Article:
TORONTO - A couple years ago, 100 percent of Toronto residents who responded to a community survey said there weren't enough activities for youth in the area.
That didn't sit right with the Rev. Lloyd Hill - and rather than simply shake his head and say "that's a shame," he decided to do something about it. On Jan. 28, the Gem City Youth Center opened its doors on North Fourth Street between the His Hands Extended Food Pantry and the Shepherd's Closet clothing store.
It's been a hit thus far, hosting anywhere from 18-25 kids every Friday and Saturday night.
The Rev. Lloyd Hill takes aim at the goal on the air hockey machine at the recently opened Gem City Youth Center in downtown Toronto. Hill said the facility fills a longtime need in the community.
"It's been something needed for a long time," said Hill, who is the pastor at Abundant Life First Assembly of God Church. "It's been I don't know how many years since the last youth center they had in the community - a long time ago."
There's no admission to use the center, which is open from 7-10 p.m. Fridays and Saturdays and is geared toward students of middle and high school age. Features include a ping-pong table, pool table, air hockey, television, Wii and Xbox 360 video game consoles, and plenty of board games. Snacks and soft drinks are available for purchase.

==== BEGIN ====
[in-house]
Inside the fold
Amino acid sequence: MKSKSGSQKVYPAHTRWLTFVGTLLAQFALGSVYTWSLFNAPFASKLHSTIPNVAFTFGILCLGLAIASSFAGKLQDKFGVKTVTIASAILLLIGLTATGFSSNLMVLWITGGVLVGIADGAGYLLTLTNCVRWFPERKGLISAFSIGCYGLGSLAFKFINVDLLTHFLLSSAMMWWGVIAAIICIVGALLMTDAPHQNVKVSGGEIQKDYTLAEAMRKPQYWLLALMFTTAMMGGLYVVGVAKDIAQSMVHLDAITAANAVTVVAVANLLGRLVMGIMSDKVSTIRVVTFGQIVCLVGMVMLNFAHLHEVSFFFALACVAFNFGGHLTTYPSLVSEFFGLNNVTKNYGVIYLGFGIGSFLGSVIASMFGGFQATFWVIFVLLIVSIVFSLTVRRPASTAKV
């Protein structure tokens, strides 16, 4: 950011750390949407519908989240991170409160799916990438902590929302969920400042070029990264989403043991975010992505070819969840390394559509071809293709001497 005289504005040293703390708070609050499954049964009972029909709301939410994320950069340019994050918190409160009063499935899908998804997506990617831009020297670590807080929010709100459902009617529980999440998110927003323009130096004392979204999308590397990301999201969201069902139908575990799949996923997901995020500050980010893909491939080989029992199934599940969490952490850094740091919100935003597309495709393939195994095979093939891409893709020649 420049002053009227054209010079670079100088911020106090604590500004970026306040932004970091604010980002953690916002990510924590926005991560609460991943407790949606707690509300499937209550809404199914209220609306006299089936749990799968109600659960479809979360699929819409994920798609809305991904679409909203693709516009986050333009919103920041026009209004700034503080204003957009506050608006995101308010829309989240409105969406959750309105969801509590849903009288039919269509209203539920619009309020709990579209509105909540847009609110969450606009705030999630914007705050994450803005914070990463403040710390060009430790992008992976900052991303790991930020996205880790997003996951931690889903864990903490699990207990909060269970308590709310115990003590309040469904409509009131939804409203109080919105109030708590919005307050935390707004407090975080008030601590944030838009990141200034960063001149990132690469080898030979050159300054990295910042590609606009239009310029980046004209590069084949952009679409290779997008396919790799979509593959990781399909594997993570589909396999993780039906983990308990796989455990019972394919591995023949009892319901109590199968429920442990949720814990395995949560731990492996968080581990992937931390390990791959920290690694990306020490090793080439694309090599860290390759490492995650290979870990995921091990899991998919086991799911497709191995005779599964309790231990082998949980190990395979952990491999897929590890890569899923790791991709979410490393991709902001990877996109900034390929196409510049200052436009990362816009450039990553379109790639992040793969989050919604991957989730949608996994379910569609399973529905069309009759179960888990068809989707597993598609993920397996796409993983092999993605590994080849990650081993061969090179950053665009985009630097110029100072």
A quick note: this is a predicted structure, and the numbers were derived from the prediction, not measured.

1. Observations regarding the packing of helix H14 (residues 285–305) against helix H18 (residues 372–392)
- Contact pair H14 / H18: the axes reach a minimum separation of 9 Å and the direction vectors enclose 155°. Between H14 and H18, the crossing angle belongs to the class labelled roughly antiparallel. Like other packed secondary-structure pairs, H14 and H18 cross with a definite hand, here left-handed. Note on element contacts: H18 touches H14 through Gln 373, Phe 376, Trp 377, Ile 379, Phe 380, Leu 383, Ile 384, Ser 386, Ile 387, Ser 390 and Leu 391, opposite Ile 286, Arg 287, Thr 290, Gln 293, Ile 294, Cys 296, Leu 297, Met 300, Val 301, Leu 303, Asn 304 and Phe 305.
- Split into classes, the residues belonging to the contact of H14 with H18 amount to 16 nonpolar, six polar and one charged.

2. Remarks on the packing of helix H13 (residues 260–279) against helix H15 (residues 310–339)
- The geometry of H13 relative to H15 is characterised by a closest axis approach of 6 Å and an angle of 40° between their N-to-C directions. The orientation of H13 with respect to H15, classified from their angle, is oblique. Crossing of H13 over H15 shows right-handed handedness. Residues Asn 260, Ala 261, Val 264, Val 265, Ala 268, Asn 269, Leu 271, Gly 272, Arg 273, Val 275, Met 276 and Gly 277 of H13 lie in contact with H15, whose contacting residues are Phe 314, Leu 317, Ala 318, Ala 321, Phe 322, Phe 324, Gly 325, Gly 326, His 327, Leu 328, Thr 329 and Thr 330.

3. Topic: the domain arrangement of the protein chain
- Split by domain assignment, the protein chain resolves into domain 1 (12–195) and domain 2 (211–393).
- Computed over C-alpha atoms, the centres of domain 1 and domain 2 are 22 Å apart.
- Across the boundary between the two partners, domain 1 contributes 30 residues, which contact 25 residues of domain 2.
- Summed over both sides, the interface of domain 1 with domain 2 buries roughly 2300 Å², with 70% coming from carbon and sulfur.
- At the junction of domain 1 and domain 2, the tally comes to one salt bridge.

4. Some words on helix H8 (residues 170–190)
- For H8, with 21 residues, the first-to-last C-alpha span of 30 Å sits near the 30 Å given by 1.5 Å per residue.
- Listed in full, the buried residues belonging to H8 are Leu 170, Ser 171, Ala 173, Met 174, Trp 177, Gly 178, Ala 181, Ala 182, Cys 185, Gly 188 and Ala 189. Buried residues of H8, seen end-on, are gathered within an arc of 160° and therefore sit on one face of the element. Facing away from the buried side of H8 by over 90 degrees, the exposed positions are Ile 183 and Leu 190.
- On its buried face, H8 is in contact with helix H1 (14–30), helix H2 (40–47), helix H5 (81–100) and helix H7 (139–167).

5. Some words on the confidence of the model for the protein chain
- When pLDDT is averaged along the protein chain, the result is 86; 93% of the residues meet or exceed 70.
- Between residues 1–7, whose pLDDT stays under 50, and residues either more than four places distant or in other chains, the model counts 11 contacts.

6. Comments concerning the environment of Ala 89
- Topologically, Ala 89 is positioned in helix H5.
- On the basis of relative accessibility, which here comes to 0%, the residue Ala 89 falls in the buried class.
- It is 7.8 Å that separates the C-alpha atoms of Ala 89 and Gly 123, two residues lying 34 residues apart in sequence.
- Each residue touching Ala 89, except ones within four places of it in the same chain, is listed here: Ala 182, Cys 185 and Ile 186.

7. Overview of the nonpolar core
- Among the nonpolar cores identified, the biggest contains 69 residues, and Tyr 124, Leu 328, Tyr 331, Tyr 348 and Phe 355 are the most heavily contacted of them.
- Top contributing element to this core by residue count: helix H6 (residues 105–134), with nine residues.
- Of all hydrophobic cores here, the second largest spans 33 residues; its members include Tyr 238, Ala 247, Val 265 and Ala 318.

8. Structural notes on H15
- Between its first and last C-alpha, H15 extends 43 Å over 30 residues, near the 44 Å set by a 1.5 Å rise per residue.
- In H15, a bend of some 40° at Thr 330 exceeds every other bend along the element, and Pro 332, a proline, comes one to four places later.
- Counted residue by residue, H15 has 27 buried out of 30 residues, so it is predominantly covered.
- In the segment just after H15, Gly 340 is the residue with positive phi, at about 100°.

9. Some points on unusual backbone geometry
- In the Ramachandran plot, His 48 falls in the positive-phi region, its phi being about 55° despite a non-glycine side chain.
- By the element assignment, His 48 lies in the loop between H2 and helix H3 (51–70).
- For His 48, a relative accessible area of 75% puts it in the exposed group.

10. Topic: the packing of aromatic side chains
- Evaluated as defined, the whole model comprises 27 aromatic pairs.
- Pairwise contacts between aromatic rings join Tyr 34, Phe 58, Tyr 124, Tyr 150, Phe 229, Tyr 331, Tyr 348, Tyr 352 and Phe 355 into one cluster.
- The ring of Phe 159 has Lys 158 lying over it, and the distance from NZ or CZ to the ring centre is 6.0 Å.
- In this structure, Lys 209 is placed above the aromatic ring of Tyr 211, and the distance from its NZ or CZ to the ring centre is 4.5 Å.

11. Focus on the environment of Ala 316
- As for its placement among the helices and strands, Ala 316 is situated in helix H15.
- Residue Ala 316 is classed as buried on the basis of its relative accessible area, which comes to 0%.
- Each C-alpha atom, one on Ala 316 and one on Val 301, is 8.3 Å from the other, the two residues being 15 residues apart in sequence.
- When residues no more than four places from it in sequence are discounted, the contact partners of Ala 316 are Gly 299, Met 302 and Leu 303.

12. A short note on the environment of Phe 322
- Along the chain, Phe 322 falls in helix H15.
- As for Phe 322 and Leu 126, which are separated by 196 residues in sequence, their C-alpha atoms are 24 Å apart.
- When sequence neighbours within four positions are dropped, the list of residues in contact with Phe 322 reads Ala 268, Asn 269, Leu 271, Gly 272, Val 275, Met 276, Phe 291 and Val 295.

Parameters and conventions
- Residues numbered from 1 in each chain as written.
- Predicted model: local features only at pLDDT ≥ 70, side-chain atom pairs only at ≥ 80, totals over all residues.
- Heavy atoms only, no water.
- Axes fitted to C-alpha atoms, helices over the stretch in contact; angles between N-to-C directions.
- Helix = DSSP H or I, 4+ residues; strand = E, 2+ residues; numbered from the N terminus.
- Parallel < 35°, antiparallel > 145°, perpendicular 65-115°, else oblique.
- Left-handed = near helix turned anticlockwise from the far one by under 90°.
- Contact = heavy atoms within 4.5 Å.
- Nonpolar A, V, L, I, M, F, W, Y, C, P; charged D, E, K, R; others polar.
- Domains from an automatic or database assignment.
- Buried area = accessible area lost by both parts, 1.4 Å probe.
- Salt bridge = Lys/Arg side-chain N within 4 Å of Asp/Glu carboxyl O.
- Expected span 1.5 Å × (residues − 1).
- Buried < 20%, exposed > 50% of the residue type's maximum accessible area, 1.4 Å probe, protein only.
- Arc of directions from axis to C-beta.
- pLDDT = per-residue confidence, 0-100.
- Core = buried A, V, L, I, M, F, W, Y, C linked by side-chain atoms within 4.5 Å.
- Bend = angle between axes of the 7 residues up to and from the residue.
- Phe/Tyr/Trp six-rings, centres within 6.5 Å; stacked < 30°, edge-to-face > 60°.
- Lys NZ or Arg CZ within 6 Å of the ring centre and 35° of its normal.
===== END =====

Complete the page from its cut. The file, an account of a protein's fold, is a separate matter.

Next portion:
Hill said some children have a blast moving from activity to activity, while others simply are looking for a place to sit down and socialize for a while.
"Our goal is to get kids off the street and have a safe place for them to come where they can enjoy themselves. ... Overall, the kids are really good kids - they just need something to do," he said.
According to Hill, there are about a dozen volunteers who serve as adult chaperones while the center is open, and each volunteer is background-checked.
In the future as funding allows, Hill would like to purchase an arcade basketball game, a larger flatscreen TV and additional Wii and Xbox games for the center.
"We're trying to stay away from all the violent games," he added.
"There's too much other stuff we can do and have a great time without going in that direction."